The access elements 12-15 are coupled via communication means using a wireless local area network (WLAN) protocol (e.g., IEEE 802.11a, 802.11b, etc.) to the client remote elements 16, 18, 20, 22. The communications means 28, 30 between the access elements 12, 14 and the central control element 24 is typically an Ethernet network, but it could be anything else which is appropriate to the environment. As described in U.S. patent application Ser. No. 10/155,938, the access elements 12, 14 and the central control element 24 tunnel network traffic associated with corresponding remote client elements 16, 18; 20, 22 via direct access lines 28 and 30, respectively. The access elements 12, 14 and central control element 24, in another embodiment, may tunnel wireless traffic over a LAN or virtual LAN. Central control element 24 is also operative to bridge the network traffic between the remote client elements 16, 18; 20, 22 transmitted through the tunnel with corresponding access elements 12, 14.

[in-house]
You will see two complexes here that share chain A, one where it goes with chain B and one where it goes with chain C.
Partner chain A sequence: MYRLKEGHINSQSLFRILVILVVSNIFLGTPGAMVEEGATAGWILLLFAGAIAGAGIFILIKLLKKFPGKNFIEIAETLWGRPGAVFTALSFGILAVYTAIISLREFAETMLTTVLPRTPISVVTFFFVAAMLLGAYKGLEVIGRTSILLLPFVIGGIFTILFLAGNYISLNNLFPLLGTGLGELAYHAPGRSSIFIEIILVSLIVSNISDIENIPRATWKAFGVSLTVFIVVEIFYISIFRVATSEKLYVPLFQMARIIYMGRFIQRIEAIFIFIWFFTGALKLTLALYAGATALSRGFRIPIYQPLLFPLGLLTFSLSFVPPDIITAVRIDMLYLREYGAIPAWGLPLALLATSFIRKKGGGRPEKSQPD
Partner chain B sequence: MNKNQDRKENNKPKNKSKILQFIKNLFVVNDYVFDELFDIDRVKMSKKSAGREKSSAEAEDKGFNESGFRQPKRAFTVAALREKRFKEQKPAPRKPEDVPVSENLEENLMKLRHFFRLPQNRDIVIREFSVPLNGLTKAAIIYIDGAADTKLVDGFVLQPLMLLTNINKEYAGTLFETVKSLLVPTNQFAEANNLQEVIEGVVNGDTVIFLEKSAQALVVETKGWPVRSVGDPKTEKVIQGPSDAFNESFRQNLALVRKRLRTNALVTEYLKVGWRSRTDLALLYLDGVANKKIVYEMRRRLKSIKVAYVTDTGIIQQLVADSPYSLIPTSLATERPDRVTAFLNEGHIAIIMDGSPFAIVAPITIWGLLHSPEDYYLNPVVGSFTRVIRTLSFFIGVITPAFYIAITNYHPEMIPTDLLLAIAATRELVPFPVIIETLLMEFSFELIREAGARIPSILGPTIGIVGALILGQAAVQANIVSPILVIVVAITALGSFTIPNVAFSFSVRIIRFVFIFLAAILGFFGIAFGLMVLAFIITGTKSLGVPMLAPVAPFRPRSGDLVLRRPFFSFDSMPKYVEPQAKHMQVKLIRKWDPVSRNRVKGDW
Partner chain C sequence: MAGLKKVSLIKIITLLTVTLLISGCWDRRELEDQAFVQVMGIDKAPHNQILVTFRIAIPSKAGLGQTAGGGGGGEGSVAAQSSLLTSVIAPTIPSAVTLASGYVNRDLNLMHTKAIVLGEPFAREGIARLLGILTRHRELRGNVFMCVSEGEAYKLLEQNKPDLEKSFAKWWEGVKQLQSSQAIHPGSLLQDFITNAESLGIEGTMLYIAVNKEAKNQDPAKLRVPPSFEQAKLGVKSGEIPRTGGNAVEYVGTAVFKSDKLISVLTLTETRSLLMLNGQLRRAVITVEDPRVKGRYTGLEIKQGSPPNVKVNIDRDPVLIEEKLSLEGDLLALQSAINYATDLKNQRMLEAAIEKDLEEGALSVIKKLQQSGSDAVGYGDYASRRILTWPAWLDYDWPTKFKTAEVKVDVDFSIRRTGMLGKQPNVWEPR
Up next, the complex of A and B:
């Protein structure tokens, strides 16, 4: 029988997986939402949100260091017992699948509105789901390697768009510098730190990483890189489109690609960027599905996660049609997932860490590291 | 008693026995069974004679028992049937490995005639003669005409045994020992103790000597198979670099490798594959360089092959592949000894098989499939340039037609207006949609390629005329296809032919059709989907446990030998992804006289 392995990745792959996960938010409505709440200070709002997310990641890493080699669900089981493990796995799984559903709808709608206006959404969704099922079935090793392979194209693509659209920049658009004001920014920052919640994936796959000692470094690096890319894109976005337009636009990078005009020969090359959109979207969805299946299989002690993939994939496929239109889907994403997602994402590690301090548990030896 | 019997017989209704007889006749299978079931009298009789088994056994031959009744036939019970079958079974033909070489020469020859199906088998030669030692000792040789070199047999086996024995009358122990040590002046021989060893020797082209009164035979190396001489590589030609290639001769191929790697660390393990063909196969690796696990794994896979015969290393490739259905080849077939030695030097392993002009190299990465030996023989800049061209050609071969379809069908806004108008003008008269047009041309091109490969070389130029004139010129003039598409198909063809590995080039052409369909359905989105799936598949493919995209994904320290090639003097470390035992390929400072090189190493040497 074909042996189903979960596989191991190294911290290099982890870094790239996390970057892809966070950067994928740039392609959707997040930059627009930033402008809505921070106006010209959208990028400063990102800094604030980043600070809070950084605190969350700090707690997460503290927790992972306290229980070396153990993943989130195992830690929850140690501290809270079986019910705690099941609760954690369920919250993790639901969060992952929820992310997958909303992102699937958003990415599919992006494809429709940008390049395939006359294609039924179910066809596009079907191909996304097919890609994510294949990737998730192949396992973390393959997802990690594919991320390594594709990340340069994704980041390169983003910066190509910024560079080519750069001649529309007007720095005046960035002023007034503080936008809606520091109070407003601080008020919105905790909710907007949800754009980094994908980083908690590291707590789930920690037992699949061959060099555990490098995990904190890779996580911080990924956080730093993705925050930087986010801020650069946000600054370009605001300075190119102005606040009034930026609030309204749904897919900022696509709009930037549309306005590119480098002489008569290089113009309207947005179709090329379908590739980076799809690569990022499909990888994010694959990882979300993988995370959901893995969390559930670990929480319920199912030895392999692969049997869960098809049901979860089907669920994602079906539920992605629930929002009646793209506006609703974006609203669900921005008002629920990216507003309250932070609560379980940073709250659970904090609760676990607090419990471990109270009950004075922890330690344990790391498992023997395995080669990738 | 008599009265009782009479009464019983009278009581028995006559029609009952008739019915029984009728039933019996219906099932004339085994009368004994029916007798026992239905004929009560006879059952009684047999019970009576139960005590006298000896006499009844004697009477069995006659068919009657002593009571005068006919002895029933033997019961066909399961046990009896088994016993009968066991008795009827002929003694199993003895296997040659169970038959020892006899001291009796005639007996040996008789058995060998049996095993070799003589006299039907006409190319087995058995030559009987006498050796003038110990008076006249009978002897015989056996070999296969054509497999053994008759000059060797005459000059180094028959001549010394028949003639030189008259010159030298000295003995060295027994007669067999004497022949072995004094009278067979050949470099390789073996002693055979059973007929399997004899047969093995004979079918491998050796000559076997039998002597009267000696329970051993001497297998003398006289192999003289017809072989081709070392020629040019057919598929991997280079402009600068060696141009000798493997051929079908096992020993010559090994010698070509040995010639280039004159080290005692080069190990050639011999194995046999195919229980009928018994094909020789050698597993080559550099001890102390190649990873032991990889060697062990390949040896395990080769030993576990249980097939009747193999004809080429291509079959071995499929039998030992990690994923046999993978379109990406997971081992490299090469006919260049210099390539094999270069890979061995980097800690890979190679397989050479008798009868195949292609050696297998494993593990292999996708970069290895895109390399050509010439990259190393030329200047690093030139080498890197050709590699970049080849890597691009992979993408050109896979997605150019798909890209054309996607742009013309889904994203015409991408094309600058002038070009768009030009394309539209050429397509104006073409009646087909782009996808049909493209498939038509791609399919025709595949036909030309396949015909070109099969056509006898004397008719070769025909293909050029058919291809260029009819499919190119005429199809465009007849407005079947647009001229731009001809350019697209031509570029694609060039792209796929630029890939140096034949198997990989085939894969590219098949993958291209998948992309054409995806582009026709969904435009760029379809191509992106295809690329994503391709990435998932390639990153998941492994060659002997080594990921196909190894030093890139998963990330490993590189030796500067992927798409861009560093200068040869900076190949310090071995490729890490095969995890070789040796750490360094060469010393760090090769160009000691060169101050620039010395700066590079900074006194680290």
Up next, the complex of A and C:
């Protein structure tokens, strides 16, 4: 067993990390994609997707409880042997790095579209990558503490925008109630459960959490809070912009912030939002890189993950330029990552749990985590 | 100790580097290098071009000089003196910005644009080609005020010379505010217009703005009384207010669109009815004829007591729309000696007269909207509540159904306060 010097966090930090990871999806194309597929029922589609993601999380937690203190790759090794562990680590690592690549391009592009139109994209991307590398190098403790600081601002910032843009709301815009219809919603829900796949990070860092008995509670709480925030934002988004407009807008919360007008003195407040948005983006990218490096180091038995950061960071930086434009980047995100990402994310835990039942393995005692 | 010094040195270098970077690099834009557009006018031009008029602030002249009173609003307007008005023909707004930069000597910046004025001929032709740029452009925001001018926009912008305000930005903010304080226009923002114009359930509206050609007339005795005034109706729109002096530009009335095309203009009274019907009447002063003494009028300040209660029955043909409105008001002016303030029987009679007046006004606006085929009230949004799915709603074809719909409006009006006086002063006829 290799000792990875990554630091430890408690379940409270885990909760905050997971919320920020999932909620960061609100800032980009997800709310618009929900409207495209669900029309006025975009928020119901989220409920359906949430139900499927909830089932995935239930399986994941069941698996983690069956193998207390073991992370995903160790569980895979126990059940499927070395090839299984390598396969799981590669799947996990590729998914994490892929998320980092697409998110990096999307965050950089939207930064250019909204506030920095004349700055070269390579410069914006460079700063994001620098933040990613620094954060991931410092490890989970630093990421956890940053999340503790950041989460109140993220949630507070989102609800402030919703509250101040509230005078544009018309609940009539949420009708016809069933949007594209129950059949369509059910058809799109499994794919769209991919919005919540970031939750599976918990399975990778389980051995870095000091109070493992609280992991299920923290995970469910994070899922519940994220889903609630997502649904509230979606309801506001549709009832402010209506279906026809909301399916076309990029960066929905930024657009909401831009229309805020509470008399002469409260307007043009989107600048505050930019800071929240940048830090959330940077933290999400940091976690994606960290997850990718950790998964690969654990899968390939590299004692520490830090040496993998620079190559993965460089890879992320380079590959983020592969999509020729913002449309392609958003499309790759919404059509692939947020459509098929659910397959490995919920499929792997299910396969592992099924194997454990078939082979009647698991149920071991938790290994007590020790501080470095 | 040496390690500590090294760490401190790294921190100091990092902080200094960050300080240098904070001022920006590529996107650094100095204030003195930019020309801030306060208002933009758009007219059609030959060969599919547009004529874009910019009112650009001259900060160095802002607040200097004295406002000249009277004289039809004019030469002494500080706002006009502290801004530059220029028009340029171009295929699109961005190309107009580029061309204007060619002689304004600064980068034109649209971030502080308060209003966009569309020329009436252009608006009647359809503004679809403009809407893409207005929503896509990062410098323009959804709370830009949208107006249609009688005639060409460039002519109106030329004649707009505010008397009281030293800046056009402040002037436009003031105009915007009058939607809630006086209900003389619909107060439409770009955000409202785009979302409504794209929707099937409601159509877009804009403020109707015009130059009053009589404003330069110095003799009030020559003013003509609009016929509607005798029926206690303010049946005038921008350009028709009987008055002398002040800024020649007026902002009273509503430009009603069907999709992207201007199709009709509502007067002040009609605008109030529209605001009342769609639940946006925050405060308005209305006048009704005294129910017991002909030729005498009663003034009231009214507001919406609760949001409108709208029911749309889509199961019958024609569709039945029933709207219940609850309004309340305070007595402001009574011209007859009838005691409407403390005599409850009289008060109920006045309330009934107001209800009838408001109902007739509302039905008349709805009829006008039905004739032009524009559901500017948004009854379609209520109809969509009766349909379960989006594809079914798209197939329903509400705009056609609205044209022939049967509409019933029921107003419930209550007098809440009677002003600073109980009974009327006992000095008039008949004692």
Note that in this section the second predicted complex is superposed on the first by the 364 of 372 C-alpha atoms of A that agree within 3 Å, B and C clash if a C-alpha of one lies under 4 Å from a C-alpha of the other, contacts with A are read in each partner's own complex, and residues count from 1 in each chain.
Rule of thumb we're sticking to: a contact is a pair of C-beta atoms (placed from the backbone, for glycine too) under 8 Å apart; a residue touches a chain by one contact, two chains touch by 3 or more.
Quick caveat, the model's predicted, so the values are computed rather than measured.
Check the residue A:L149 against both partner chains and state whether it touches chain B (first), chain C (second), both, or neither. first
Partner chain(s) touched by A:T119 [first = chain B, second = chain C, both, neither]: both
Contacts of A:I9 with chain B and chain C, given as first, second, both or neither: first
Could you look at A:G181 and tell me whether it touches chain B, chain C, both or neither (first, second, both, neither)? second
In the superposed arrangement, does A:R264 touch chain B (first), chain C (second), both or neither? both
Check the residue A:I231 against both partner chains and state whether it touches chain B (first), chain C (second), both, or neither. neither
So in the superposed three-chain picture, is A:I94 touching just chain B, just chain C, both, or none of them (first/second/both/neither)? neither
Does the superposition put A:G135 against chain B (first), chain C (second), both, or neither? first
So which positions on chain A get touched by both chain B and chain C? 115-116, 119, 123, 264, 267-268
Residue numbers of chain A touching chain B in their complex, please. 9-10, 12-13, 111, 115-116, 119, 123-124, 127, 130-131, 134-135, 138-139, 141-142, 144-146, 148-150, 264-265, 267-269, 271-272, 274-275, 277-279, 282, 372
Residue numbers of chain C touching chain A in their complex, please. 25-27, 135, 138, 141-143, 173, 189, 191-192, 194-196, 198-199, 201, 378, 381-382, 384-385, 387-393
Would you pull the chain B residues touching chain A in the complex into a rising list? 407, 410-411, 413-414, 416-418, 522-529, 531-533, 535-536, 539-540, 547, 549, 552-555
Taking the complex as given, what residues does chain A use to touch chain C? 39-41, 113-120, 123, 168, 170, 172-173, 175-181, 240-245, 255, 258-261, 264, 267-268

As described in the above-identified patent application, central control element 24 operates to perform link layer management functions, such as authentication and association on behalf of access elements 12, 14. For example, the central control element 24 provides processing to dynamically configure a wireless Local Area Network of a system according to the invention while the access elements 12, 14 provide the acknowledgement of communications with the client remote elements 16, 18, 20, 22. The central control element 24 may for example process the wireless LAN network management messages, load control, channel control, and handoff. Among the network management messages are authentication requests of the client wireless access elements 12, 14 and association requests of the client wireless access elements 12, 14. The network management messages are passed on from the client remote elements 16, 18; 20, 22 via the access elements 12, 14, such as authentication requests and authorization requests, whereas the access elements 12, 14 provide immediate acknowledgment of the communication of those messages without conventional processing thereof. Similarly, the central control element 24 may for example process physical layer information. Still further, the central control element 24 may for example process information collected at the access elements 12, 14 on channel characteristic, propagation, and interference or noise. Central control element 26 and associated access elements 13, 15 operate in a similar or identical manner.